We’ve all heard the classic illustration of the glass half full (no mystery as to which I am). Lately, I have been thinking upon these two attitudes towards life and have been wondering which, if either fits with the way Paul, Jesus or Peter viewed the world around them. As I examined my own attitude, along with the attitudes of those in the Bible and Christians in ages past, I have discovered some interesting and powerful conclusions. Will you join me in this adventure?
As I said before, I am, by nature, something of an optimist. I fit the bill for the definition Dictionary.com gives: “the disposition or tendency to look on the more favorable side of events or conditions and to expect the most favorable outcome.” Whenever someone mentions a crisis in their life or the world at large, my instinct is to think, “Surely it’s not as bad as that.” An optimist is great if you need a little brightness in your day, but terrible if you need sympathy and comfort during a crisis, because we’ll always be telling you it’s not all bad.
In one of G.K. Chesterton’s Father Brown detective stories, the old Catholic priest comes upon the murder of what we might term a “motivational speaker”, a dear, old man who spread cheer everywhere he went. When discussing with an officer about why someone might be motivated to kill such a man, Father Brown replied,
“Yes… he was cheerful. But did he communicate his cheerfulness? Frankly, was anyone else in the house cheerful as he? (The man had a daughter and a few servants). You see,” said Father Brown, blinking modestly, “I’m not sure that the Armstrong cheerfulness is so very cheerful – for other people. You say that nobody could kill such a happy old man, but I’m not so sure… If I ever murdered somebody,” he added quite simply, “I dare say it might be an Optimist.” (The Three Tools of Death)
The problem with Optimism is that it denies the evils around it, painting them a little bit rosier than they really are. And often, as in the above murder mystery, Optimism is often a cover up for deep depression.
“Ah,” you might say to yourself at this point. “If Optimism is not the way, then perhaps it is found in Pessimism.” It would seem that Pessimism is better suited to the world we live in. But is it the way God wants us to view the world? According to ye old Dictionary.com, Pessimism is, “the tendency to see, anticipate, or emphasize only bad or undesirable outcomes, results, conditions, problems.” The Pessimist is able to see the pain today and coming ahead. The problem is that, too often, that’s the extent of their view.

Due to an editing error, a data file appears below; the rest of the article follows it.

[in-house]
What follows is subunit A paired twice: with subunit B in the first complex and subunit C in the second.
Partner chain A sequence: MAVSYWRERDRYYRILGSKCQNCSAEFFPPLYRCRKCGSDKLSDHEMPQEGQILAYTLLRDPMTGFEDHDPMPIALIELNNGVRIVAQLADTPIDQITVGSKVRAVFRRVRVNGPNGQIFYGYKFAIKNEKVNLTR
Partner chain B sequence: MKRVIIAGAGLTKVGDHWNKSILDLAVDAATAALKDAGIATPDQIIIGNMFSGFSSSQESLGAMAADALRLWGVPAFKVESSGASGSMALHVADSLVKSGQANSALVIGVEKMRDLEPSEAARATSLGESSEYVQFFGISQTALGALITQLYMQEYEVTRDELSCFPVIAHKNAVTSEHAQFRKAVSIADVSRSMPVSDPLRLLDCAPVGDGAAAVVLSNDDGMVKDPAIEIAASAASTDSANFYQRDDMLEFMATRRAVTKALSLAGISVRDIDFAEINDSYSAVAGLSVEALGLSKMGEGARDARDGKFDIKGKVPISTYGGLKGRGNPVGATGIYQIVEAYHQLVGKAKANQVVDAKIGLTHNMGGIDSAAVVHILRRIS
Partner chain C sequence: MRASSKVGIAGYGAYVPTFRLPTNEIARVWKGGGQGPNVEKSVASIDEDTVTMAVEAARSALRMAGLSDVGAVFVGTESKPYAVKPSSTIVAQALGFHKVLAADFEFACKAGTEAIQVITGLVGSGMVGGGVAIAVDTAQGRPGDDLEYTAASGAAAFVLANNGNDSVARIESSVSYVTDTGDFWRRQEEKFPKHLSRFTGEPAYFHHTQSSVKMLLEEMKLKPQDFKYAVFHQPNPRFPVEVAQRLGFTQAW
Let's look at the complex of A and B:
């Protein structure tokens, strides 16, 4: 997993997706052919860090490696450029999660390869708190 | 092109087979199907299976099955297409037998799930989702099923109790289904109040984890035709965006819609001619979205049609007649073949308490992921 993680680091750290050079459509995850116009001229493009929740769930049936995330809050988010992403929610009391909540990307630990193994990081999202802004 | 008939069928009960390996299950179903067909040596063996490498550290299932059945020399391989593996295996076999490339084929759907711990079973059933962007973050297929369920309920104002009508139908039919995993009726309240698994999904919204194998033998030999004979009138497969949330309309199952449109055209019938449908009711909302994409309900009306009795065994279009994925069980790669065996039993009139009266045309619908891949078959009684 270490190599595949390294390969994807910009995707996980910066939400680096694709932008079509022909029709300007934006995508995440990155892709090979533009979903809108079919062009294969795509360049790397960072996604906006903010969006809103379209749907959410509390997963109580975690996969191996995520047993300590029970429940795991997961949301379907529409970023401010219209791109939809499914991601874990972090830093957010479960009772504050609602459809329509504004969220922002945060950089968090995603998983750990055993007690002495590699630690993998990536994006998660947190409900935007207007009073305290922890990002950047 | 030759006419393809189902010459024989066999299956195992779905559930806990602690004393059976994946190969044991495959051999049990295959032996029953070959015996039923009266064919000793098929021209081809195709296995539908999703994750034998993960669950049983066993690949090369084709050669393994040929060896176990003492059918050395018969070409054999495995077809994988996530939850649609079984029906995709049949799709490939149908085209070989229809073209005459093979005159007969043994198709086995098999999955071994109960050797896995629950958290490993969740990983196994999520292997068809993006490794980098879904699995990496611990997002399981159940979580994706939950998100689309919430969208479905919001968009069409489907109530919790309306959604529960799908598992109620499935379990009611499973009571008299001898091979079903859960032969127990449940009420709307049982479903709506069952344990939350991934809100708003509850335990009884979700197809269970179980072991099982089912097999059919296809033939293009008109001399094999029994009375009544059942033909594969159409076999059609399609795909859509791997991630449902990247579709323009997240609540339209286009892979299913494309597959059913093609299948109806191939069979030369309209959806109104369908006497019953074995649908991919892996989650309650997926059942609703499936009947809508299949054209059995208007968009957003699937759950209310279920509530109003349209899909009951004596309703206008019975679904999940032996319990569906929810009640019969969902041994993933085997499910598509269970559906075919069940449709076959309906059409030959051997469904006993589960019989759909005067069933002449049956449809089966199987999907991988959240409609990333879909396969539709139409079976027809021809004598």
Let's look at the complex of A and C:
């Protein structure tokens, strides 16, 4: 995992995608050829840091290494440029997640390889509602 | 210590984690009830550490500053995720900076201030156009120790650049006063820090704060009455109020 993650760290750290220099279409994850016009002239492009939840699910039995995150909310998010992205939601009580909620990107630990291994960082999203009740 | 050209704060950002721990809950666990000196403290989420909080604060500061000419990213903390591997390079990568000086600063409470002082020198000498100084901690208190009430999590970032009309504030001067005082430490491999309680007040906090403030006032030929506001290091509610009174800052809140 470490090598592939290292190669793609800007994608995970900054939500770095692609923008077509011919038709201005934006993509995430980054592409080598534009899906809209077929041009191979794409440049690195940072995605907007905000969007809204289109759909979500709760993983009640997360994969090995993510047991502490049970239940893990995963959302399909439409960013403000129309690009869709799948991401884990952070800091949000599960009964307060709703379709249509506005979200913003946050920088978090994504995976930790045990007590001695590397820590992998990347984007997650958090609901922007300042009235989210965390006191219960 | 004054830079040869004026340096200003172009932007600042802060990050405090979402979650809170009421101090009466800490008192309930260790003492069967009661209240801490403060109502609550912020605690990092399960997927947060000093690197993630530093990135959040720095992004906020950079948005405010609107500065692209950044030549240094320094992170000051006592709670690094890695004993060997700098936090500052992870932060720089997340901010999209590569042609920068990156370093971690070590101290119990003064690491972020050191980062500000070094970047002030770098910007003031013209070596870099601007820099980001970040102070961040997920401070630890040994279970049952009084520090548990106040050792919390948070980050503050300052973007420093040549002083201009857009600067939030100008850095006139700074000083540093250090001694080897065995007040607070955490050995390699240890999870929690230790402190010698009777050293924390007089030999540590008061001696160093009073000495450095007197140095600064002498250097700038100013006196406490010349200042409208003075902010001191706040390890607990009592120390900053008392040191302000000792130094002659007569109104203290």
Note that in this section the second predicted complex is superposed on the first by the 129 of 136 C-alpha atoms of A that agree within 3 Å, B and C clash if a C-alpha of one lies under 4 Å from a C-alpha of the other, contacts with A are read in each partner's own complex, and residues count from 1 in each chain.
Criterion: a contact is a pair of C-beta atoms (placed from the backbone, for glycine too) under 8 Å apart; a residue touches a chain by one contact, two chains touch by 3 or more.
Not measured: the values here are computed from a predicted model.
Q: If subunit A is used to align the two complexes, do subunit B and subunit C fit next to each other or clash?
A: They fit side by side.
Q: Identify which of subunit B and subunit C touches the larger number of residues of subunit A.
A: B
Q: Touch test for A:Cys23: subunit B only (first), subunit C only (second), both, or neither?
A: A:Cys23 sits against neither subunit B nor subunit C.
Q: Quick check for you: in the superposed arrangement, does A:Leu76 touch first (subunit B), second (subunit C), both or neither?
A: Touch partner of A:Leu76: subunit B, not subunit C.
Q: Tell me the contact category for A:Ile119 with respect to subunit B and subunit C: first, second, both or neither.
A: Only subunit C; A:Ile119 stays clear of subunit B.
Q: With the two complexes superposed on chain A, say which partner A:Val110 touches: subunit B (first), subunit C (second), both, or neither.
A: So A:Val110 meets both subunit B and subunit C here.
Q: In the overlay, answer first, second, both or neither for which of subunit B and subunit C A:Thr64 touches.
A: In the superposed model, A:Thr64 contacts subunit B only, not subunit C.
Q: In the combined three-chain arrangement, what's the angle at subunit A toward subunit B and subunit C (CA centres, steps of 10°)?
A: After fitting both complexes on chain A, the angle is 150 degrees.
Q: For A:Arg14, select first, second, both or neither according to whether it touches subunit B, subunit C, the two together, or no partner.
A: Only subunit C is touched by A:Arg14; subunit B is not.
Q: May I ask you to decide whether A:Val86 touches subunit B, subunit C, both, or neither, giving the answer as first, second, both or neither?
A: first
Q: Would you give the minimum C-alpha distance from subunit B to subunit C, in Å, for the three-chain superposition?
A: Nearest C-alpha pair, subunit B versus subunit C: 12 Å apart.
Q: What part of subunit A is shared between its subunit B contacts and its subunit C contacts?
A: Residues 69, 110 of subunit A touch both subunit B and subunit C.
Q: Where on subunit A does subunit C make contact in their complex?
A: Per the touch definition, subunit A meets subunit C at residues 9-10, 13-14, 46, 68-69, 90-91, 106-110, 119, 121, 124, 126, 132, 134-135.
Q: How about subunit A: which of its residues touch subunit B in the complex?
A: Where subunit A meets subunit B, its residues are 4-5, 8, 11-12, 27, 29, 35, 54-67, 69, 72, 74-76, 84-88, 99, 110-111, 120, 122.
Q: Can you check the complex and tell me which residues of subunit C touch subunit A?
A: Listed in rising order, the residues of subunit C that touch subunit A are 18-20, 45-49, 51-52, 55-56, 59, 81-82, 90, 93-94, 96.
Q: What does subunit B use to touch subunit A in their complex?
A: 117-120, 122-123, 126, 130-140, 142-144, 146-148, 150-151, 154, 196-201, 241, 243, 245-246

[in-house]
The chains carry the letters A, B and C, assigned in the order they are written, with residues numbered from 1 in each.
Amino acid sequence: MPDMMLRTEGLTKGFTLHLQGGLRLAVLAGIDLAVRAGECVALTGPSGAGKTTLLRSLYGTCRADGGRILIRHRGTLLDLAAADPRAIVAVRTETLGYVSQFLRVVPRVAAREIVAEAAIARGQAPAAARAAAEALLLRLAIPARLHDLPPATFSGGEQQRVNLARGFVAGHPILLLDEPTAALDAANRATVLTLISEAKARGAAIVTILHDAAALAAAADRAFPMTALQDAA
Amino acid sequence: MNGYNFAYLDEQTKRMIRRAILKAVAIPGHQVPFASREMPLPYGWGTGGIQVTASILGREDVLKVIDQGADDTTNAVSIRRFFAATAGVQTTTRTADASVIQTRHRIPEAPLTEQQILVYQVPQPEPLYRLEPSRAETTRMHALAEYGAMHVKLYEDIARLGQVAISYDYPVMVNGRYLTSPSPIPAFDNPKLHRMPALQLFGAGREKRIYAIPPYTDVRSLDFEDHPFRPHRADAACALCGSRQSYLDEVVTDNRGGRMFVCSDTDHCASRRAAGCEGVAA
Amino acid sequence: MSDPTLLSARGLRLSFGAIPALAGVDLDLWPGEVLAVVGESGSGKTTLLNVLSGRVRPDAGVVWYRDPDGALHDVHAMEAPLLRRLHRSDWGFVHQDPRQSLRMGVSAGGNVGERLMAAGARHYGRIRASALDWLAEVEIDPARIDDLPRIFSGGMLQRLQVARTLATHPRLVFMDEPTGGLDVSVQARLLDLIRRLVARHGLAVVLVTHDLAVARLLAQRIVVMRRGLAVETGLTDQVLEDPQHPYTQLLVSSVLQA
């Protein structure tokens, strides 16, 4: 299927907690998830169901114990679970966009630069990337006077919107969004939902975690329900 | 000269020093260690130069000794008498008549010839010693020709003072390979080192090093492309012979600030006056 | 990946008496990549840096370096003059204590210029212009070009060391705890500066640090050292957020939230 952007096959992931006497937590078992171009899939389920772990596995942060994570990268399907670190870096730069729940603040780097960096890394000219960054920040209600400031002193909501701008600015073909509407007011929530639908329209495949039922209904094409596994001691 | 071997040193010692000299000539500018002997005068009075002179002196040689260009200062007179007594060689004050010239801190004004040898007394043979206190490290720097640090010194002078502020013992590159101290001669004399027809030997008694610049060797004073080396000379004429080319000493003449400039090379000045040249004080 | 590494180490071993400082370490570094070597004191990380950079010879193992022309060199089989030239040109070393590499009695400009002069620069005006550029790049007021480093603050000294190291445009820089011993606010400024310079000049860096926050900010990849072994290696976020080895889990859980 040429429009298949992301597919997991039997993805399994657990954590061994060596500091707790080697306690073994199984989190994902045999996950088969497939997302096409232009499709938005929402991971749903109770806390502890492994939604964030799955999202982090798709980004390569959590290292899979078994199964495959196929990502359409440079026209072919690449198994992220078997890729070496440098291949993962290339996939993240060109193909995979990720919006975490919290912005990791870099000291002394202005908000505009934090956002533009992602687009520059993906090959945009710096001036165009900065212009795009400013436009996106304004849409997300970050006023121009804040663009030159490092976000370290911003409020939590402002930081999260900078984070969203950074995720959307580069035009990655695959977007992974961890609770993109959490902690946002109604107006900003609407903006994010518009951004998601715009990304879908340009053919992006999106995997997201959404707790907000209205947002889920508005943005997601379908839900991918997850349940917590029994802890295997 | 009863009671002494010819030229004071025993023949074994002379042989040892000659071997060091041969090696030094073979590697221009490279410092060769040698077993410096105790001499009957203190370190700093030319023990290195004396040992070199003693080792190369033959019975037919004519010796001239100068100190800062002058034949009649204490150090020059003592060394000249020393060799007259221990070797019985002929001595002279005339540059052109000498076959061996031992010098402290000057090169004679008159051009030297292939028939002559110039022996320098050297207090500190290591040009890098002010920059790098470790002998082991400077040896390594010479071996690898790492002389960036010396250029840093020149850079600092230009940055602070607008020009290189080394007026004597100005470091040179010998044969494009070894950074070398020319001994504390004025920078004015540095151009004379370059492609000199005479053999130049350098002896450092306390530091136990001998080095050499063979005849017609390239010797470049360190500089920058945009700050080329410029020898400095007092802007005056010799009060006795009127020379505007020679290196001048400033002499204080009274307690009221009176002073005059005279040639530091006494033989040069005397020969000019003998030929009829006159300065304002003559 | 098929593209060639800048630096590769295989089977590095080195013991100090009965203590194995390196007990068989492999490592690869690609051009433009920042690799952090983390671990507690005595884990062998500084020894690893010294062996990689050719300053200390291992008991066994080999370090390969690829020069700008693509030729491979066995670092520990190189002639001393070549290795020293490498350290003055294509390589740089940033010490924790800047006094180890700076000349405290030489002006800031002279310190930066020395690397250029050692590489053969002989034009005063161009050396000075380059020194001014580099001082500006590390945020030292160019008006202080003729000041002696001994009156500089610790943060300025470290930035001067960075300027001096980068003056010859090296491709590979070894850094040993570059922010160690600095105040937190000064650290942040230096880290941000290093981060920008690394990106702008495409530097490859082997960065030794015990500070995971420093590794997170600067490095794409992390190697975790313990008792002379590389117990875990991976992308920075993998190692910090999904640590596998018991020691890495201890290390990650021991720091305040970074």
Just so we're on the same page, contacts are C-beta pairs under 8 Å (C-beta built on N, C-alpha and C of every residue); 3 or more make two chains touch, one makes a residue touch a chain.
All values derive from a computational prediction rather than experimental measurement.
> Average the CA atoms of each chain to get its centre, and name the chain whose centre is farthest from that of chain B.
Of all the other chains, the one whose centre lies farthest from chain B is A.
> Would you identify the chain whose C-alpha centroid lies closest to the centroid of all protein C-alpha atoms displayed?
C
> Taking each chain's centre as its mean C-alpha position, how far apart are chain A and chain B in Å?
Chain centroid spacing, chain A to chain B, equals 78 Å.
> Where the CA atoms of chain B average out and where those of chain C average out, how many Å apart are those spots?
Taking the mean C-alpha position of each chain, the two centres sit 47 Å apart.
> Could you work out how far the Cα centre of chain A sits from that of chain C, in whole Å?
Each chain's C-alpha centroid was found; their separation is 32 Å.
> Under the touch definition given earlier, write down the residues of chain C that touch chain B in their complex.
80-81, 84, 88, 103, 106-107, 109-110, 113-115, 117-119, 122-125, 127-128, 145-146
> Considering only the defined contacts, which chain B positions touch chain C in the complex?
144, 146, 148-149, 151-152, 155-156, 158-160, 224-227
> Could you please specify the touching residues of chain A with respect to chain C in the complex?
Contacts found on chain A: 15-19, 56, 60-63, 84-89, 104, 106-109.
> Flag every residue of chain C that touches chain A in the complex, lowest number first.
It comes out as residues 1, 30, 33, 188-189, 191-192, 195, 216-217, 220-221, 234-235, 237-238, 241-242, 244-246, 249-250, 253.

When I think of people who had a dim view of life, I think of the Israelites in the wilderness, particularly the ten spies who held an evil report. As the story goes, after a long journey in the wilderness, the Lord has led the people of Israel to the edge of the Promised Land. This is it – the moment that everything before this has been leading up to. Twelve spies are sent into the land and, after forty days, return with this report:
And they told him, and said, “We came unto the land whither thou sentest us, and surely it floweth with milk and honey; and this is the fruit of it. Nevertheless the people be strong that dwell in the land, and the cities are walled, and very great: and moreover we saw the children of Anak there. The Amalekites dwell in the land of the south: and the Hittites, and the Jebusites, and the Amorites, dwell in the mountains: and the Canaanites dwell by the sea, and by the coast of Jordan.” And Caleb stilled the people before Moses, and said, “Let us go up at once, and possess it; for we are well able to overcome it.” But the men that went up with him said, “We be not able to go up against the people; for they are stronger than we. And they brought up an evil report of the land which they had searched unto the children of Israel, saying, The land, through which we have gone to search it, is a land that eateth up the inhabitants thereof; and all the people that we saw in it are men of a great stature. And there we saw the giants, the sons of Anak, which come of the giants: and we were in our own sight as grasshoppers, and so we were in their sight.”